What if you were a rehabber of everything feathered and furred? What if you received two groundhogs who preferred inside to outside, and deplored getting dirty? What if G-hogs could talk?
This is how it has worked for hundreds of thousands of years – well, at least for the seven years Sabrina and I have been rehabbing – you take in the injured, ill or abandoned critters, you keep them in a special inside cage in a designated in-house room, feed them and watch for the time they can be released to an enclosure in the back yard.
In the case of g-hogs, this cage is even screened-in below ground so they can’t dig their way to freedom before they’re ready. This cage is spacious, has 18-24” of dirt with buried PVC pipe so they can learn to tunnel, and finally be released with all the skills they need to survive. We take them morning and evening to the cage, pulling them in at noon to avoid the mid-day heat.
Enter our two latest g-hogs. For ease of narrative, let’s call them ‘Big-Boy’ and ‘Baby.’ Here’s the case in a nutshell: They hate dirt; want nothing to do with it. This appears to be non-negotiable.
Obviously, I don’t speak ‘G-hog’ and they return the favor by refusing to learn English. But the expressions on their faces are such as to make speech superfluous and their message quite clear.
Example: Early this morning I went to collect them for their trip to the cage. I found them in their hidey-hole [inside the ‘animal room’], deep in REM-sleep, exhausted from a long night of sleeping. Now, at dawn they had managed to drag their sleep-deprived selves down to the food bowl and consume 4-5 pounds of vegetables. A piece.
Now they were on their backs, snoring in an attempt to stave off exhaustion. They were an easy catch. I put them in the transporter and stepped outside the door. They peered through the grid. ‘O’boy!, said Baby, ‘Fresh air! Sunshine! Vitamin D!’ He looked around. ‘Yo! Large clover patch at nine o’clock! Yum! Hey, wait! You’re walking right passed it! Platoon, halt! About face!’
Then they realized where we were heading. Oh no! THE CAGE!
I try to set them in the cage, but like velcro on a knapsack, they cling to the sides. I said, “You guys will soon get tired and drop to the ground and play in the dirt.”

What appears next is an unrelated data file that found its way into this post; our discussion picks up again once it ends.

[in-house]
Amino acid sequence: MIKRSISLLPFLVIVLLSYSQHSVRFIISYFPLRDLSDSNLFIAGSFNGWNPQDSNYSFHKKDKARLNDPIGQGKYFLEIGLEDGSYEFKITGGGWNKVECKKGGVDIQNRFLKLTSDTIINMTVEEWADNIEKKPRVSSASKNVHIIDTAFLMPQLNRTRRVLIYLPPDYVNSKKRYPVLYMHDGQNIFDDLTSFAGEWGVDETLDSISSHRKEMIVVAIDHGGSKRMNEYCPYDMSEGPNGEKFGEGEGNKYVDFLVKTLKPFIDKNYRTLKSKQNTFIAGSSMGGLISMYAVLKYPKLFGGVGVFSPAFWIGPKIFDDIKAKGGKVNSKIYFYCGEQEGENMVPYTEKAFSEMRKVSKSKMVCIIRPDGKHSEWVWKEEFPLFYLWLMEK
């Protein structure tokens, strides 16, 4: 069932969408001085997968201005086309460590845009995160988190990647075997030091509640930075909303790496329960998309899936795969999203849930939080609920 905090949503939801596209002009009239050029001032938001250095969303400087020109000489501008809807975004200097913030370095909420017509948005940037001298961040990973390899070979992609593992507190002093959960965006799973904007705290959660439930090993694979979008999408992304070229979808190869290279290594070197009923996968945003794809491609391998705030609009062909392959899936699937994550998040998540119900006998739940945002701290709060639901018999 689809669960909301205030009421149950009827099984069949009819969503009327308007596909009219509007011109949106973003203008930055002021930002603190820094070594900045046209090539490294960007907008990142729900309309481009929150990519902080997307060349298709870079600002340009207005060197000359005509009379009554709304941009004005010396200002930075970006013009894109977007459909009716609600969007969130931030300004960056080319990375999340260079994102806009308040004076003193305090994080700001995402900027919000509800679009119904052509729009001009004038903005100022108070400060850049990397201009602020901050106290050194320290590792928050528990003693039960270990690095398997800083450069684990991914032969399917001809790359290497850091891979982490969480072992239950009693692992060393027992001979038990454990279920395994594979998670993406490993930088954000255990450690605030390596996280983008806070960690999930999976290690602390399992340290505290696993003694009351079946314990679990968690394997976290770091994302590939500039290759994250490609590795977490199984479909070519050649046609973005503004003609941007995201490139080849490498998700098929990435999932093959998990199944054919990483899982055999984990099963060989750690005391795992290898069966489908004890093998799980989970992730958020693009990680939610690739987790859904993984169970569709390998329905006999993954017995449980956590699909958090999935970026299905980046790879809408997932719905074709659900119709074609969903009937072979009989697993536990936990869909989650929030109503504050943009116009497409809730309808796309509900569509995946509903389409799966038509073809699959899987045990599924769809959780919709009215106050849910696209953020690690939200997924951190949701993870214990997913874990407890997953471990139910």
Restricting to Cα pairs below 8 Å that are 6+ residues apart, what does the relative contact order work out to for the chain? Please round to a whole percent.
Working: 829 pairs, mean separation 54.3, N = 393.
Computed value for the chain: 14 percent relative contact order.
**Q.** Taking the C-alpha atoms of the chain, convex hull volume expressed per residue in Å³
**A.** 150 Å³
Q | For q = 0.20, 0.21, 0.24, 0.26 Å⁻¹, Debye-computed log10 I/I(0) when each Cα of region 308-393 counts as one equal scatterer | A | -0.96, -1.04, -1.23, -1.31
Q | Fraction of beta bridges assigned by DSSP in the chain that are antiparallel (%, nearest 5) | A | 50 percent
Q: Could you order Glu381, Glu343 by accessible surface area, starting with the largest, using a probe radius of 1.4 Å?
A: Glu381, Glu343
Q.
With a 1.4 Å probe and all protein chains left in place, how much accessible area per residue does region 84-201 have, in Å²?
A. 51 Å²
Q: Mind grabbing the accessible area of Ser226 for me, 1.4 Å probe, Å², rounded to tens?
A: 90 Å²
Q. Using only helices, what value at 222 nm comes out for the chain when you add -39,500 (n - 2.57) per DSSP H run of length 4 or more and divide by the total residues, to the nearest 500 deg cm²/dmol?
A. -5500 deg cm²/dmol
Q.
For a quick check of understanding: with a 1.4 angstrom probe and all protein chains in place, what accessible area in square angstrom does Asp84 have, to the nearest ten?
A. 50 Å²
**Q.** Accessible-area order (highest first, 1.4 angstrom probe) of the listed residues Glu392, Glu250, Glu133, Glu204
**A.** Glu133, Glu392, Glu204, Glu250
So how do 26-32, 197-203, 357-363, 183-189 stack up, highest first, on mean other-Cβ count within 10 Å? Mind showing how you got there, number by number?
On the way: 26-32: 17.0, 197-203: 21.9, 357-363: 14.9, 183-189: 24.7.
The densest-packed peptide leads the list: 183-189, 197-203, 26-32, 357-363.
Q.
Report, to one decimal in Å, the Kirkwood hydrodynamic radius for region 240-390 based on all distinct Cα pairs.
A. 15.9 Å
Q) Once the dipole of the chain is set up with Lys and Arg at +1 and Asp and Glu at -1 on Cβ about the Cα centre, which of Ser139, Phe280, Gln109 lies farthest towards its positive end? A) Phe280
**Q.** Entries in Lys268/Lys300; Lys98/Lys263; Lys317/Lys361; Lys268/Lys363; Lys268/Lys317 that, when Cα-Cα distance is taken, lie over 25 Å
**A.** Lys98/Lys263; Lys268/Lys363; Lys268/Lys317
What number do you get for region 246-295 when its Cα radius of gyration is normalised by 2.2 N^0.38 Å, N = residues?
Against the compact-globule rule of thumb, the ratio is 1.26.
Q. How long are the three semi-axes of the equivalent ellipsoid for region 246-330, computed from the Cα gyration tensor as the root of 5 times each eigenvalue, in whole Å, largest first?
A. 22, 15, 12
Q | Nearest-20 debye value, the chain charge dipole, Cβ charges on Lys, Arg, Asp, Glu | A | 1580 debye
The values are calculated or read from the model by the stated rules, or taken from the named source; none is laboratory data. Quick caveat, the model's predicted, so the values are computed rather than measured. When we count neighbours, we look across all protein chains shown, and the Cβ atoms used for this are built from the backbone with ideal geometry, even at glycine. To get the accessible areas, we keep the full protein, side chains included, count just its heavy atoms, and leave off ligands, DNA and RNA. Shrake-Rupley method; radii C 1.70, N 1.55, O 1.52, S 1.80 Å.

I responded firmly [I am the superior species after all] “You must learn to be G-hogs. Get down there and burrow.”
‘And chip a nail!? Tell you what, you like the cage so much, you get in here; we’ll trot on inside.’
“Well, I would get in the cage with you but it’s kinda short and with my back condition…”
‘The real reason is you’re afraid if you got in here, Sabrina wouldn’t let you out.’
He’s got a point.
Big Boy snapped, ‘I’m hanging two inches off the ground here! I nearly got my paw dirty!’
Reluctantly I left them and came back two hours later to find them in precisely the same position. They hadn’t moved – or dropped – an inch. Baby was hollering, ‘Oh look who’s finally back! Mr. High and Dry!”
Big Boy kept repeating, “Air conditioning! Air conditioning!’
“Oh my Heavens! This is a cool spot. Such a fuss! You could hang meat out here.”
“That’s just what you did about two hours ago.”
I picked them out and while trying to put them back in the transporter, they crawled hurriedly under my shirt for protection.
‘We heard a noise. It was scary! THERE IT IS AGAIN! WHAT IS THAT!?’
‘Are they big?! Do they have giant, meat-tearing teeth?!’
“I think you’re safe.” I headed back to the house. On the way Baby said, “How about you bring us a bunch of that clover in a little bit? We prefer room temperature.’
This is not going at all well. But all is not lost. There is the spare bedroom. I’ll talk to Sabrina about it.By Lucky Garvin [email protected]